This are the type of tuples that `handle/2` can receive as first parameter:
  - `{:command, key, message}` → This tuple will match when a command is received
  - `{:text, text, message}` → This tuple will match when plain text is sent to the bot (check [privacy mode](
  - `{:regex, key, message}` → This tuple will match if a regex is defined at the beginning of the module
  - `{:location, location}` → This tuple will match when a location message is received
  - `{:callback_query, callback_query}` → This tuple will match when a [Callback Query]( is received
  - `{:inline_query, inline_query}` → This tuple will match when an [Inline Query]( is received
  - `{:edited_message, edited_message}` → This tuple will match when a message is edited
  - `{:message, message}` → This will match any message that does not fit with the ones described above
  - `{:update, update}` → This tuple will match as a default handle

### Sending files

`ExGram` lets you send files by id (this means using files already uploaded to Telegram servers), providing a local path, or with the content directly. Some examples of this methods for sending files:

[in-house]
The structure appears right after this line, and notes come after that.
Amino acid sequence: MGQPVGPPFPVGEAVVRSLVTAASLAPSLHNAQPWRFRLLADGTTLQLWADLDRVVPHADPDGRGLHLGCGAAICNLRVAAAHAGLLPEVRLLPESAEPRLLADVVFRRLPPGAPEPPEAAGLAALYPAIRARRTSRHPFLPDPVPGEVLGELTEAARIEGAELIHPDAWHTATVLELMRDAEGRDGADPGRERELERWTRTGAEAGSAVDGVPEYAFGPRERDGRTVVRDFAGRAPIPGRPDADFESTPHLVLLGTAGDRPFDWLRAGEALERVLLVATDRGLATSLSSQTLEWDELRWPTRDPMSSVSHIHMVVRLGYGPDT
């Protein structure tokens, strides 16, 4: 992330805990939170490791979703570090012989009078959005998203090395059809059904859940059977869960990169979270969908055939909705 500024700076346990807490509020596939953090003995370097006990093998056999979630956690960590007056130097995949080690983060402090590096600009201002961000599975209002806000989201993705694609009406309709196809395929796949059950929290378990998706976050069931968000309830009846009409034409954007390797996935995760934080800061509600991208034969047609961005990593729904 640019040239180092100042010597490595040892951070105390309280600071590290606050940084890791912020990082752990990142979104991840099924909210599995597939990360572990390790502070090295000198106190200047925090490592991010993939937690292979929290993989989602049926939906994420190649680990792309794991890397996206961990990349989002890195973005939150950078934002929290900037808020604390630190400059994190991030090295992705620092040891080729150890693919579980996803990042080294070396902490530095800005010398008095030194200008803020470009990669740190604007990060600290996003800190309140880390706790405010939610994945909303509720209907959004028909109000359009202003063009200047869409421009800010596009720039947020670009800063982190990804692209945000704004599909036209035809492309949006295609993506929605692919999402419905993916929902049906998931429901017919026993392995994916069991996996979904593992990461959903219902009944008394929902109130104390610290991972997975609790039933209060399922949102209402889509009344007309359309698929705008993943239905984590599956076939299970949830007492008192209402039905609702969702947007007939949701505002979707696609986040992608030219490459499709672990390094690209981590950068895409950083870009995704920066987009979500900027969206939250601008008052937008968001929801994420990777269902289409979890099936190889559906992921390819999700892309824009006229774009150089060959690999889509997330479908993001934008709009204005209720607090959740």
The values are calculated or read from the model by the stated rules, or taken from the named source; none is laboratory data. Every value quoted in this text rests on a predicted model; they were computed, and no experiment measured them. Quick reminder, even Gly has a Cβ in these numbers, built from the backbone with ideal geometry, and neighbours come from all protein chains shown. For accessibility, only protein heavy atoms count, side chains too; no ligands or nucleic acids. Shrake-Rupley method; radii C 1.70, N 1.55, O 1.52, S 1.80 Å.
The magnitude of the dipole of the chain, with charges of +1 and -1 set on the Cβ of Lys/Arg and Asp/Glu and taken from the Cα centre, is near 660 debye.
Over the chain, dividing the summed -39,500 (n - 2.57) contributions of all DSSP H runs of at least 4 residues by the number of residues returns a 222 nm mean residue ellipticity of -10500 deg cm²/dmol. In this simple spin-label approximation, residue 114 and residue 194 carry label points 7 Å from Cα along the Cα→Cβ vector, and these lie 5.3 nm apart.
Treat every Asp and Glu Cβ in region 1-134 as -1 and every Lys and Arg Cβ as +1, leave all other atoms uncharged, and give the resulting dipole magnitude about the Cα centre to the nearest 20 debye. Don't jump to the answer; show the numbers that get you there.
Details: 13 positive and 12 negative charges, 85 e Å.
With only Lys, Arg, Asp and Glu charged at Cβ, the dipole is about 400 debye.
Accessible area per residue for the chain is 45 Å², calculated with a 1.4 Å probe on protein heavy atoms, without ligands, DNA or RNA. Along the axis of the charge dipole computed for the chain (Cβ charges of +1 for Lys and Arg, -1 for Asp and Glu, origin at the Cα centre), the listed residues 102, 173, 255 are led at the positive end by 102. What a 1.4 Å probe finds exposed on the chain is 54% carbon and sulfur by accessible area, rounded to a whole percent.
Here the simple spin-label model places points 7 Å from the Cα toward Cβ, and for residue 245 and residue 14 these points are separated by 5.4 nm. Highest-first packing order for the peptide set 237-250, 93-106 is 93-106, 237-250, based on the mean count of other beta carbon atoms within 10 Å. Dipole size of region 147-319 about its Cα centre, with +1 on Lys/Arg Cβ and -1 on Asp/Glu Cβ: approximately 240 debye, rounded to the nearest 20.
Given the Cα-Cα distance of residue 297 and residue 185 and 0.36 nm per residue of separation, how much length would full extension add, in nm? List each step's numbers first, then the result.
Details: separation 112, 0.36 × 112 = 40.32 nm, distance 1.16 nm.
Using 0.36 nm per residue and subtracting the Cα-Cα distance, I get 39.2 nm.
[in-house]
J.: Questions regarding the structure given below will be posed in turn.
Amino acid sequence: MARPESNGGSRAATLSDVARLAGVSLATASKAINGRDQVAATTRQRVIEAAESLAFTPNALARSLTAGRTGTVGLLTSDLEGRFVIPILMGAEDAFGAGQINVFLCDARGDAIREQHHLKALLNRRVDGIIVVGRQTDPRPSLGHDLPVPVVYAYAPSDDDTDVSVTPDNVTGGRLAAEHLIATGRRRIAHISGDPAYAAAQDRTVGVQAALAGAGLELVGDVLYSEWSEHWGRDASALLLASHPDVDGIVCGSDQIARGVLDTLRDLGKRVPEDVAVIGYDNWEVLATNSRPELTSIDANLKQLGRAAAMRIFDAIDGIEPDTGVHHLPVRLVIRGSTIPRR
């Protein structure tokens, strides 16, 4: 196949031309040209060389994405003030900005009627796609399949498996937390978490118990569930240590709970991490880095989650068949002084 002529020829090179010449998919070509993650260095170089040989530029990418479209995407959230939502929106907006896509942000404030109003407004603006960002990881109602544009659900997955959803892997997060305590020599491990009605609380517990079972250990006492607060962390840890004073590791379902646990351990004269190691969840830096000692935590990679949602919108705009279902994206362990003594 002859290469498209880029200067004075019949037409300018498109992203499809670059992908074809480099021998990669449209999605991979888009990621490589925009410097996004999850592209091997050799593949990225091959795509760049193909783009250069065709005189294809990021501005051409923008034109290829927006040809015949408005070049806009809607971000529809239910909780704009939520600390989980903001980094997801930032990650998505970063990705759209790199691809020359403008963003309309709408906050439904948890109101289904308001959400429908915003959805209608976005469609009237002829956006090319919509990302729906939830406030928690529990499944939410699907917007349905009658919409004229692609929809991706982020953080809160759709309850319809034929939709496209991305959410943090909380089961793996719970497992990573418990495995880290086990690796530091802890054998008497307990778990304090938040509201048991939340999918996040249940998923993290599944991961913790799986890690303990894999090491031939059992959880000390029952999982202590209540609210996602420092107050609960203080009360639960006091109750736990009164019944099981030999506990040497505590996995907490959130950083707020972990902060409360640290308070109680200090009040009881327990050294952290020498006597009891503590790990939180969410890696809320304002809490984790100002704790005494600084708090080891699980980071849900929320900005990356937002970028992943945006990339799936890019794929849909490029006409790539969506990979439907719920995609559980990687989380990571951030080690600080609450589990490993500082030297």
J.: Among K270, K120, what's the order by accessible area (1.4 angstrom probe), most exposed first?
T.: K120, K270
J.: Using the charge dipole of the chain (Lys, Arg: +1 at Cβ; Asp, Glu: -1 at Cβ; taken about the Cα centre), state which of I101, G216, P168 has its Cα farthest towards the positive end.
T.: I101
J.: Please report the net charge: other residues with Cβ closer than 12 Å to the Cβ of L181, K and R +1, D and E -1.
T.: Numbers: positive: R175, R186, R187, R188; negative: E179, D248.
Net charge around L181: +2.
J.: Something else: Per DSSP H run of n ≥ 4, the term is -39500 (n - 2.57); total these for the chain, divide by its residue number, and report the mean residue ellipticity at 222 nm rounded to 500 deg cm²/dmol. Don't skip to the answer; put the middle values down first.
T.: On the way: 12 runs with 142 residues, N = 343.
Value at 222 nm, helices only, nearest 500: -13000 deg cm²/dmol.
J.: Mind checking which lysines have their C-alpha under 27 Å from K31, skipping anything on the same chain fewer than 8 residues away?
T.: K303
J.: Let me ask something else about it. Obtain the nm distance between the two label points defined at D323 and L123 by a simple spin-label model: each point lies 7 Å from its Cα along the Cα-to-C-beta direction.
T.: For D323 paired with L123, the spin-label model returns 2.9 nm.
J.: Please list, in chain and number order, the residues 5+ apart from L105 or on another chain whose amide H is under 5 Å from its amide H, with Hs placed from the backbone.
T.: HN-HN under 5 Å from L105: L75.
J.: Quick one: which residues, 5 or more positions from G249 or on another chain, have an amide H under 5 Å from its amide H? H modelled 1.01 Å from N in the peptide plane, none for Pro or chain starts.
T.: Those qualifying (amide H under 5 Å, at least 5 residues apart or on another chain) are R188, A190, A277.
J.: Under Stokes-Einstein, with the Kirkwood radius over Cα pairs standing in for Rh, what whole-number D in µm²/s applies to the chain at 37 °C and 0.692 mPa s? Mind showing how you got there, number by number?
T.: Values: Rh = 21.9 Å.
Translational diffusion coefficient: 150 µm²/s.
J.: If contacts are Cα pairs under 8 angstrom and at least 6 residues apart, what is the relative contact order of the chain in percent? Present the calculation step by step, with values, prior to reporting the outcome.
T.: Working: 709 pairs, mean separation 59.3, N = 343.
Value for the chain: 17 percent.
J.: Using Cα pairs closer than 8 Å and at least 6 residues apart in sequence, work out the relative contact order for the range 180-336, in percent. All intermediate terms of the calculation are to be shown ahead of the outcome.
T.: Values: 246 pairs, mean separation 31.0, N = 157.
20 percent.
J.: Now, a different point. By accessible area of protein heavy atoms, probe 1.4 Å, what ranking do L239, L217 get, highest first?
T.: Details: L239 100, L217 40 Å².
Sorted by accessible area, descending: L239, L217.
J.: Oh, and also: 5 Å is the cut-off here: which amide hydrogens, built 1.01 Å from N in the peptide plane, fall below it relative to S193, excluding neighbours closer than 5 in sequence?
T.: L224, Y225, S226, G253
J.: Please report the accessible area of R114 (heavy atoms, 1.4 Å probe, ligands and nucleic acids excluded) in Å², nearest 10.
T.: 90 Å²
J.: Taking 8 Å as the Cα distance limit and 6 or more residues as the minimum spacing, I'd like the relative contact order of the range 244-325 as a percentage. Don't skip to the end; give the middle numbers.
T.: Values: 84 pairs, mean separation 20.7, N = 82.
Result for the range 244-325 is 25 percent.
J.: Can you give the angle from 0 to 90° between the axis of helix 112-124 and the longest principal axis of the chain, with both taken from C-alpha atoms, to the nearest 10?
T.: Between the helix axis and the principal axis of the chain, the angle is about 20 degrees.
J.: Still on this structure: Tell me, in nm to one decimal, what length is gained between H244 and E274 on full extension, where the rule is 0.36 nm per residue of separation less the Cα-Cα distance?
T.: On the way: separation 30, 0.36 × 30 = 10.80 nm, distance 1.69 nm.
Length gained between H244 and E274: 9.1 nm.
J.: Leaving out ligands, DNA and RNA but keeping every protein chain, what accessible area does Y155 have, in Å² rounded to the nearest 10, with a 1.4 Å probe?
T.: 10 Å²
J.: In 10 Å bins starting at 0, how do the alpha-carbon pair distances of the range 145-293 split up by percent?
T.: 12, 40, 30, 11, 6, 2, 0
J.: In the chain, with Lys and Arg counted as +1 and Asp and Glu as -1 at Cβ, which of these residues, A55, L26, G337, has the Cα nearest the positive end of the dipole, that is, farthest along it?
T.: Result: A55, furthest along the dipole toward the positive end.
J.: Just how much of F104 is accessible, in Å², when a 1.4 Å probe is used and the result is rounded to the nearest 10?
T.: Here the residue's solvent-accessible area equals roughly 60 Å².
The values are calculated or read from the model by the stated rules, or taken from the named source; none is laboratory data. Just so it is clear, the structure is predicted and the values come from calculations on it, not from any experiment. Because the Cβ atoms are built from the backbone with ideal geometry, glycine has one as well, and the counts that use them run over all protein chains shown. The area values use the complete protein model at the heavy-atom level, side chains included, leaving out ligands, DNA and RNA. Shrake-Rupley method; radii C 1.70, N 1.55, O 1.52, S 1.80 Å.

``` elixir
ExGram.send_document(chat_id, document_id)                                     # By document ID

ExGram.send_document(chat_id, {:file, "path/to/file"})                         # By local path

ExGram.send_document(chat_id, {:file_content, "FILE CONTENT", "filename.txt"}) # By content

This three ways of sending files works when the API has a file field, for example `send_photo`, `send_audio`, `send_video`, ...

## Library Usage

Sometimes you just want to be able to send messages to some channel, or you don't like the way the framework works and want to be your own manager of the messages flows. For that cases, the low level API allows you to use the `ex_gram` library as raw as possible.

You can configure `ex_gram` in `config.exs` as explained in the Configuration section (you don't need to add anything to the application if you don't want to use the framework) and just use the low level API, for example:

``` elixir
ExGram.send_message("@my_channel", "Sending messages!!!")